## Three Interview Questions

### May 13, 2014

The first question (insert new node 40 in sorted linked list, given node 50) is a trick question. No, it is not possible to insert the node. You need a pointer to node 30 to perform the insertion, but there is no way to get a pointer to node 30 given only a pointer to node 50. This is a simple question to ensure the candidate understands linked lists.

The second question (subtract a linked list end to end) is tedious, but not hard. We use the tortoise-and-hare algorithm to find the middle:

`(define (subtract-first-half xs)`

(let loop ((front xs) (back (reverse xs)) (hare xs) (out (list)))

(if (or (null? hare) (null? (cdr hare)))

(append (reverse out) front)

(loop (cdr front) (cdr back) (cddr front)

(cons (- (car front) (car back)) out)))))

`> (subtract-first-half '(5 4 3 2 1))`

(4 2 0 2 1)

> (subtract-first-half '(4 3 2 1))

(3 1 2 1)

Another good question; the tortoise-and-hare algorithm should be familiar to all competent programmers.

The third question (number of trailing zeros in a factorial) is easy if you know the math and impossible if you don’t. We write numbers base 10, so there are as many trailing zeros as there are factors of 10 in the factorial of *n*, and since 10 = 2 * 5 and there are more factors of 2 than of 5 in any factorial, the number of trailing zeros will be the number of factors of 5. To find that, for each power of 5 up *n* add the number of times it divides *n*. For instance, if *n* = 487, there are ⌊487/5⌋ = 97 factors of 5, ⌊487/25⌋ = 19 factors of 5^{2}, and ⌊487/125⌋ = 3 factors of 5^{3}.

`(define (trailing-zeros n)`

(let loop ((k 5) (z 0))

(if (< n k) z

(loop (* k 5) (+ z (quotient n k))))))

`> (trailing-zeros 487)`

119

I don’t like this interview question. If you know the math, or if you have studied a book of programming interview questions, it’s easy; you can write the program as fast as you can type. If you don’t know the math, you will flail about looking for a solution, getting more and more nervous as time passes. In either case, the interviewer will learn nothing about your programming skills.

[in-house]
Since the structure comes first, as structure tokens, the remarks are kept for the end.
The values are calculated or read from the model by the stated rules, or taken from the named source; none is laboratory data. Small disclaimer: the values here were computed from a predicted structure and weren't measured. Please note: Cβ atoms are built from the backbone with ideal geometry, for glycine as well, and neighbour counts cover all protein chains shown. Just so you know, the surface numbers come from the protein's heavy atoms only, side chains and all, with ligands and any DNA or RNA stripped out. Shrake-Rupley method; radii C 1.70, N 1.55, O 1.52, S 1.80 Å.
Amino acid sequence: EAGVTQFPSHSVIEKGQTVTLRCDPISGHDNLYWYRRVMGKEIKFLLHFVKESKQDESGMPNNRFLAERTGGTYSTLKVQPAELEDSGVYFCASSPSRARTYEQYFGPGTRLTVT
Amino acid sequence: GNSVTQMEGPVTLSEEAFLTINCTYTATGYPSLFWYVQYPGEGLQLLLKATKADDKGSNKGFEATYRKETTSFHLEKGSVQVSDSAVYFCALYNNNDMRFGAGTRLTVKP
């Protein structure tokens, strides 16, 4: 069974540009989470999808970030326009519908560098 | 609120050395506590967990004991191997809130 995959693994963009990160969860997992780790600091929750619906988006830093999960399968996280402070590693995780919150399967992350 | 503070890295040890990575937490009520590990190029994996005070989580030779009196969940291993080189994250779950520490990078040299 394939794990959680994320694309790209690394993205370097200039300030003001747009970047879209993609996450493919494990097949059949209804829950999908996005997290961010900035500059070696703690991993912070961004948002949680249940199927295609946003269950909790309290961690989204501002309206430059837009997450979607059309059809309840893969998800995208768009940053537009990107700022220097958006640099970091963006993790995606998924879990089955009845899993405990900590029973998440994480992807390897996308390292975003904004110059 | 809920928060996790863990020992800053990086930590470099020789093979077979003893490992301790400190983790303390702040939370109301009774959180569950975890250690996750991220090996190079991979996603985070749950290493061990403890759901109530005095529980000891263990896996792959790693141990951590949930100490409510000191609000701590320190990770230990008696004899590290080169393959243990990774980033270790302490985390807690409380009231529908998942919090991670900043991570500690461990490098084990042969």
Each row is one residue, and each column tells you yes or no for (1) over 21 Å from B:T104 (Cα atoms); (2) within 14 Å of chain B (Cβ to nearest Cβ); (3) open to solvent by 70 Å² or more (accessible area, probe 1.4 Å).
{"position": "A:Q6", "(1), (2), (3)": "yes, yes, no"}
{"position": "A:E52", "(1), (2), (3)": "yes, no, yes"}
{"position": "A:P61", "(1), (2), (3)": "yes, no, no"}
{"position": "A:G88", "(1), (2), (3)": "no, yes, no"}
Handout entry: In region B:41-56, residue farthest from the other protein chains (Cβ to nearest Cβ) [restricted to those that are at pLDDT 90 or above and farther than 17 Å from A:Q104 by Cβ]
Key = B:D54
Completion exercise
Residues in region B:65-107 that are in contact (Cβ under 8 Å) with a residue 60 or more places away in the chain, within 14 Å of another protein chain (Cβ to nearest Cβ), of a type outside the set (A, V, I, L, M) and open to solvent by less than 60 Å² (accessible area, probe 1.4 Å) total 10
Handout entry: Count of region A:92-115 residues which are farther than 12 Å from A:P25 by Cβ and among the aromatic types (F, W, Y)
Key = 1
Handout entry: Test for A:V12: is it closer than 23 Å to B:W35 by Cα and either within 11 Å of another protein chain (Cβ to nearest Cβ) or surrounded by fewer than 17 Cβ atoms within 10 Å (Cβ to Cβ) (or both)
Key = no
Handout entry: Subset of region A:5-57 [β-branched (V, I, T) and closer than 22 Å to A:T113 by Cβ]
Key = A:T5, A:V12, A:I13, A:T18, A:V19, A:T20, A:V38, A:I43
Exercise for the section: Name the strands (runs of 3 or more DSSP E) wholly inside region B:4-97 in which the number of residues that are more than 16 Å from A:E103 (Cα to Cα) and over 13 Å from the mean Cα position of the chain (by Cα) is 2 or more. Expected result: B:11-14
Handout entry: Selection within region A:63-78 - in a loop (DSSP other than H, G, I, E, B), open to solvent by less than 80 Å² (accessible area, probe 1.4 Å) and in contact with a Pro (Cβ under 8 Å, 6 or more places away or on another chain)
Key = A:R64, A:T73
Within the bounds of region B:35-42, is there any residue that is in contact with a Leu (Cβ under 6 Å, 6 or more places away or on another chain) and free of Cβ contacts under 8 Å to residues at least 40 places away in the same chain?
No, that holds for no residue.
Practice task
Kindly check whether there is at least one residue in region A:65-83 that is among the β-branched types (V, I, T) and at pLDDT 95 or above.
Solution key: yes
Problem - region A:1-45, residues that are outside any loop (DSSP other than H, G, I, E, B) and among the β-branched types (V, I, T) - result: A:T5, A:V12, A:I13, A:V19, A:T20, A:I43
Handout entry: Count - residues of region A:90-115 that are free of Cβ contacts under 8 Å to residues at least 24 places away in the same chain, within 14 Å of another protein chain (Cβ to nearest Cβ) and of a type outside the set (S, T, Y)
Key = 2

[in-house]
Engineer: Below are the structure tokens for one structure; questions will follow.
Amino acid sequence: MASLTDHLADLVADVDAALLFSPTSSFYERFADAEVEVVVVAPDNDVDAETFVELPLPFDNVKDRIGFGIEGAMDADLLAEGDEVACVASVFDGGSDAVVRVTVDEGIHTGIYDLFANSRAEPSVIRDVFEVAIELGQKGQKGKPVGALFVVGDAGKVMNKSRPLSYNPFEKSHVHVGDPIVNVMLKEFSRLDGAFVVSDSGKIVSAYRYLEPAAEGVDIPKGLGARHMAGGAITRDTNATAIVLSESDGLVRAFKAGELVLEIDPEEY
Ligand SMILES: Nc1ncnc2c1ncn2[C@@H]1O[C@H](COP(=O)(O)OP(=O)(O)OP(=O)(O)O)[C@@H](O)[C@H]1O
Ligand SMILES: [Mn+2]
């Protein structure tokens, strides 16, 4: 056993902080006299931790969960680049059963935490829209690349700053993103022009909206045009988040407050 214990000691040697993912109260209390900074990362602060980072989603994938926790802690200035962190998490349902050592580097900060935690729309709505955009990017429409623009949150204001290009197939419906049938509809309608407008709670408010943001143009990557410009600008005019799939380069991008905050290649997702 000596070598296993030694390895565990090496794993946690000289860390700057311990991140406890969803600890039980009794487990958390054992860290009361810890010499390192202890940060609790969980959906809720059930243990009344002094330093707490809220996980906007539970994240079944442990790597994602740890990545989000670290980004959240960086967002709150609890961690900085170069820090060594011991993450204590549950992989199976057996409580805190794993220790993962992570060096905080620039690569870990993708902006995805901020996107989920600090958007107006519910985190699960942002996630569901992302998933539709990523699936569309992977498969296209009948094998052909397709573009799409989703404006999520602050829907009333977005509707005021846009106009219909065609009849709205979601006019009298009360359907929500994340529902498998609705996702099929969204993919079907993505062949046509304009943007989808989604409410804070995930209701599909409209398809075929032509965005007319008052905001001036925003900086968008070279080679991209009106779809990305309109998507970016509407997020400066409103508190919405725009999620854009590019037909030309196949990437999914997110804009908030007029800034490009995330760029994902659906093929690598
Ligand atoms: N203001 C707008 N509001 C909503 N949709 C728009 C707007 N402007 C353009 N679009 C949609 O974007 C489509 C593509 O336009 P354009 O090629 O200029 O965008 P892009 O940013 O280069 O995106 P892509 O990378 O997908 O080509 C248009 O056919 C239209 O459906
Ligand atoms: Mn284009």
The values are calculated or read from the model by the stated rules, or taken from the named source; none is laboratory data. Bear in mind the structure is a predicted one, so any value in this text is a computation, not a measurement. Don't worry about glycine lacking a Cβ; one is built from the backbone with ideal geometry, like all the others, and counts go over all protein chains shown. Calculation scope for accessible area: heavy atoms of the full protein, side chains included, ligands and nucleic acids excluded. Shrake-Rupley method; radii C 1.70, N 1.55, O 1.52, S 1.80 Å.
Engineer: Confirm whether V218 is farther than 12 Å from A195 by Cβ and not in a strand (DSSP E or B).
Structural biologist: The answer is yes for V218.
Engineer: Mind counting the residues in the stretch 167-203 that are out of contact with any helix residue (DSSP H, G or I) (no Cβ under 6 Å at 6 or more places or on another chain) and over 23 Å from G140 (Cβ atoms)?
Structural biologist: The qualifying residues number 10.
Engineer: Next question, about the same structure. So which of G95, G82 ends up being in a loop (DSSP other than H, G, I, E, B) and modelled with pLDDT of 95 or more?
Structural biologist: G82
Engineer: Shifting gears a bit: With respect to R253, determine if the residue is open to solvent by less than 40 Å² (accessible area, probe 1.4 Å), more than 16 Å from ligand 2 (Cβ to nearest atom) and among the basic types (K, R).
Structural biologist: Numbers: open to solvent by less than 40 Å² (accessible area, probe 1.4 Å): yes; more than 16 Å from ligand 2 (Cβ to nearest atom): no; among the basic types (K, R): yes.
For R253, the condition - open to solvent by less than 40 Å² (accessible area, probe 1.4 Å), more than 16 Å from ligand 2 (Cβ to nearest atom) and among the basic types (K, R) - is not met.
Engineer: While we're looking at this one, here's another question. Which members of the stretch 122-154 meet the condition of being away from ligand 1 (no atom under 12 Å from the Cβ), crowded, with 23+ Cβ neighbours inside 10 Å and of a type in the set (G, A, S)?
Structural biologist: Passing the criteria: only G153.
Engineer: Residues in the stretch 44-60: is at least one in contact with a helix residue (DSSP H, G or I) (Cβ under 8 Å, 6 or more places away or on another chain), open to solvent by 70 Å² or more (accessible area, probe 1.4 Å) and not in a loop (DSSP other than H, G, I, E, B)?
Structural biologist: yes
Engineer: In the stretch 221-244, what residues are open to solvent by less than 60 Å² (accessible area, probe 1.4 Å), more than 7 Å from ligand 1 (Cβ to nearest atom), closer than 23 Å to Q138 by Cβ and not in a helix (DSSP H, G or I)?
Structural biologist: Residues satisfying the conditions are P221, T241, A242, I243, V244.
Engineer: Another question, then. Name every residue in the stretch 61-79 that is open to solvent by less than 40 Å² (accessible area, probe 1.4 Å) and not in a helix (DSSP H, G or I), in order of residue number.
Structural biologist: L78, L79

You can run the program at http://programmingpraxis.codepad.org/G17lhMD3.

The first can be a double trick question… it depends on if the nodes are modifiable. If so, you change the value in 50 to 40, and insert a new 40 node.

I mean, a new 50 node.

Ceci n’est pas une Python.

Traditional Lisp exercises. Much fun.

The above and the below produce the expected results in this form:

Test result 1: (10, (30, (40, (50, (70, ())))))

Test result 2: (4, (2, (0, (2, (1, ())))))

Oops. Yes, I did miss an initial condition in the first question.

This is correct, as long as the list is is originally in the ascending

order, and the node given to insert-at-node is effectively the node

containing the smallest item greater than the new data.

For any n>=2, in the decomposition in prime factors of n!, the

exponent of 2 is greater than the exponent of 5,

since (log n 2)/(log n 5) = (log 5 2) ~= 2.321928 > 1

Since only the multiples of an exponent of 10 will add a 0 to the

factorial, and there are more multiples of 2 than multiples of 5, we

can just sum the exponents of 5 factor by factor.

For the last problem, we can just repeatedly divide by 5 and add:

And for the second problem, a little Haskell function:

@informatimago –

Your factorial algorithm was interesting – building on top of it- if we just divide n by 5 – that seems to work although I did not test for very large numbers…

factorial(4) – will have 0 zeros (4/5)

factorial(10) – will have 2 zeros (10/5)

factorial(24) – will have 4 zeros (24/5)

factorial(25) – will have 5 zeros (25/5) and so on…

For number 3, counting factors in each iteration of a factorial is asymptotically less efficient than counting representation of progressively larger powers of the factor in n. Implemented in Python the faster solution looks as follows:

Even at small n, the difference in growth is significant:

(n was randomly chosen across range [1,10240], 1000 samples for each n were taken and averaged.)

n: Faster (s) Slower (s)

538: 3.74e-07 8.91e-05

1418: 4.32e-07 2.34e-04

3915: 4.85e-07 6.43e-04

4071: 4.86e-07 6.72e-04

6333: 4.85e-07 1.04e-03

6364: 4.85e-07 1.05e-03

8262: 5.03e-07 1.36e-03

8970: 5.00e-07 1.48e-03

9401: 4.99e-07 1.55e-03

9497: 5.01e-07 1.57e-03

After n=10240, the slower algorithm becomes unwieldy, while the faster method still runs in under 4e-04 seconds with n above 480 digits.

Vivek is correct. For the second problem, all we have to do is divide by 5. The reasoning is that the prime factors of 10 are 2 and 5. For n!, every 5th value of n will give us a factor of 5. Every second value of n will give us a factor of 2, so we’ll have plenty of factors of 2 (i.e. in the prime factorization of n!, we’ll always have at least as many factors of 2 as we do factors of 5). So every 5th value of n!, we’ll add another 0 to the end of the number.